Minimum corporate tax rules mean Singapore is in for 'tougher competition': PM Lee

The move is aimed at getting large multinational firms to pay their fair share of taxes, rather than routing profits through low-tax jurisdictions. ST PHOTO: GIN TAY

ROME - Singapore will be in for tougher competition when new rules on a minimum global corporate tax are implemented, said Prime Minister Lee Hsien Loong on Sunday (Oct 31).

Specifically, the decision will impact how the country attracts investments. This is because tax incentives - along with grants and other schemes - are a major tool in the Economic Development Board's arsenal.

"We will have to see how those will have to be modified," PM Lee said in an interview with Singapore media at the end of this year's Group of 20 (G-20) Leaders' Summit.

"We will also have to see how we can continue to attract investments to come to Singapore in order to create jobs, and in order to keep ourselves competitive."

During the summit, leaders of the world's largest economies backed a proposal to establish a global minimum effective tax rate of 15 per cent by 2023.

The move is aimed at getting large multinational firms to pay their fair share of taxes, rather than routing profits through low-tax jurisdictions, with the goal of creating a "more stable and fairer international tax system".

PM Lee described it as an effort by countries to come together to be able to have a united front in improving the bargaining position against such companies, which have very considerable pulling power.

Asked for his thoughts on the scheme, PM Lee said he believes the move will not cause the dynamic to fundamentally change.

Countries will "find other ways to make themselves attractive" to get their investments and the projects they want, he said.

The Prime Minister also noted that attracting new investments to Singapore is not just about economic competitiveness. Instead, there are strategic and security considerations at play.

He gave the example of how the G-20 leaders discussed supply chain resilience - in other words, ensuring that a country is not held hostage when its main supplier turns unfriendly or if its supply lines are impacted.

"That means you are no longer just talking about jobs and economic value, but about security and safety," PM Lee said. "How much is that worth? What do we do when other countries act like that?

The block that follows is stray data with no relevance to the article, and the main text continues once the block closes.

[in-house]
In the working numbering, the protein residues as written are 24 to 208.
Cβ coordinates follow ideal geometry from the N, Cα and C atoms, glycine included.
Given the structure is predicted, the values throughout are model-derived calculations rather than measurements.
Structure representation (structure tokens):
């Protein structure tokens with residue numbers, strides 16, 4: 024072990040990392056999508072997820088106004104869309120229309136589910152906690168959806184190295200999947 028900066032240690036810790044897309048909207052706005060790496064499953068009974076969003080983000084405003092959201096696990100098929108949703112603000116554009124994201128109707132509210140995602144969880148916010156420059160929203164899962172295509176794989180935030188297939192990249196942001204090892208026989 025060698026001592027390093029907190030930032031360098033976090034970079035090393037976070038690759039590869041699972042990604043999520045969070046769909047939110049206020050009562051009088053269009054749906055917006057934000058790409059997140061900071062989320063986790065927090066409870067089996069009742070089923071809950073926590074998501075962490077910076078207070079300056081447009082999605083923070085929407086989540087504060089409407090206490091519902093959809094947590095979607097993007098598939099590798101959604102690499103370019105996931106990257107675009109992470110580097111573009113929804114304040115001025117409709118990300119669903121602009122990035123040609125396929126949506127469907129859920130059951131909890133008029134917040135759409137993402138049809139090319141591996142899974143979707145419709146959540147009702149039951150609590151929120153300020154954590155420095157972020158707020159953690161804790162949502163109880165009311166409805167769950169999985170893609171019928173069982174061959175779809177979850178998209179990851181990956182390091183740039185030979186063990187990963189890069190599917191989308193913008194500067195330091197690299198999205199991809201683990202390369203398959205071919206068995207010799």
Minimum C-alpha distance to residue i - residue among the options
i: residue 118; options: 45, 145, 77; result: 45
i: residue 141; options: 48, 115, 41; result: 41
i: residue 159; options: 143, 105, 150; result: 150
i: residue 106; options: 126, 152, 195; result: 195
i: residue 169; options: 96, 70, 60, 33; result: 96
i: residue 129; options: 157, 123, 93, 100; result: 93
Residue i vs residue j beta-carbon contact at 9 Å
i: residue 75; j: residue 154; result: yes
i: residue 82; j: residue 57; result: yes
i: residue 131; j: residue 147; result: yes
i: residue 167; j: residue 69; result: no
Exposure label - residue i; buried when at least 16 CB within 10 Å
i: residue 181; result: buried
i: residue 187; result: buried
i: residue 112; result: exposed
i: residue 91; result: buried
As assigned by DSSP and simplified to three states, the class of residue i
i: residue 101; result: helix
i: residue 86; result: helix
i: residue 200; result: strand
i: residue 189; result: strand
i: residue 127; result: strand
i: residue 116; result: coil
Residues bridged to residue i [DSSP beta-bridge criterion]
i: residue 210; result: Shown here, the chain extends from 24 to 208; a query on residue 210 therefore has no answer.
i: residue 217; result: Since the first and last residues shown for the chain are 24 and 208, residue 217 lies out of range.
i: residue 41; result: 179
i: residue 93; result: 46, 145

"I foresee there will be tougher competition for us. But we will take it in our stride."

PM Lee was also asked for his take on the United Nations climate change talks, or COP 26, which opened on Sunday in Glasgow and were high up on the G-20's agenda this year.

At the close of the G-20 summit, world leaders had agreed to pursue efforts to limit global warming to 1.5 deg C above pre-industrial levels.

Countries in the grouping of the world's major economies - which Singapore is not a member of but has been invited to as a guest - account for about 60 per cent of the world's population and an estimated 80 per cent of global greenhouse gas emissions.

PM Lee noted that existing tensions - for instance, those that exist between major powers such as the United States and China - get reflected in discussions and make them more challenging.

"In principle, when you are talking about something like climate change, where there is shared interest in an area of cooperation, you should be in a problem-solving mode, even though there is competition, other issues or rivalry," he said.

"But inevitably, the competition, rivalry and mood seep into the cooperative part and make things more difficult to settle. But nevertheless, they were able to set a communique and tee up for COP26," he added.

"I hope that there will be progress made, but I expect that it will be difficult to do."

Apart from great power rivalry, there are also "quite deep differences" in views between developed and developing countries on the subject, PM Lee noted.

"Some of it has evolved as China has shifted its position, but other countries have not shifted their position so much," he said.

"And they feel that this problem was created by the developed countries and you have to make good for me if you want me to do my part now," he said. "That is going to be a very difficult conversation for some time."

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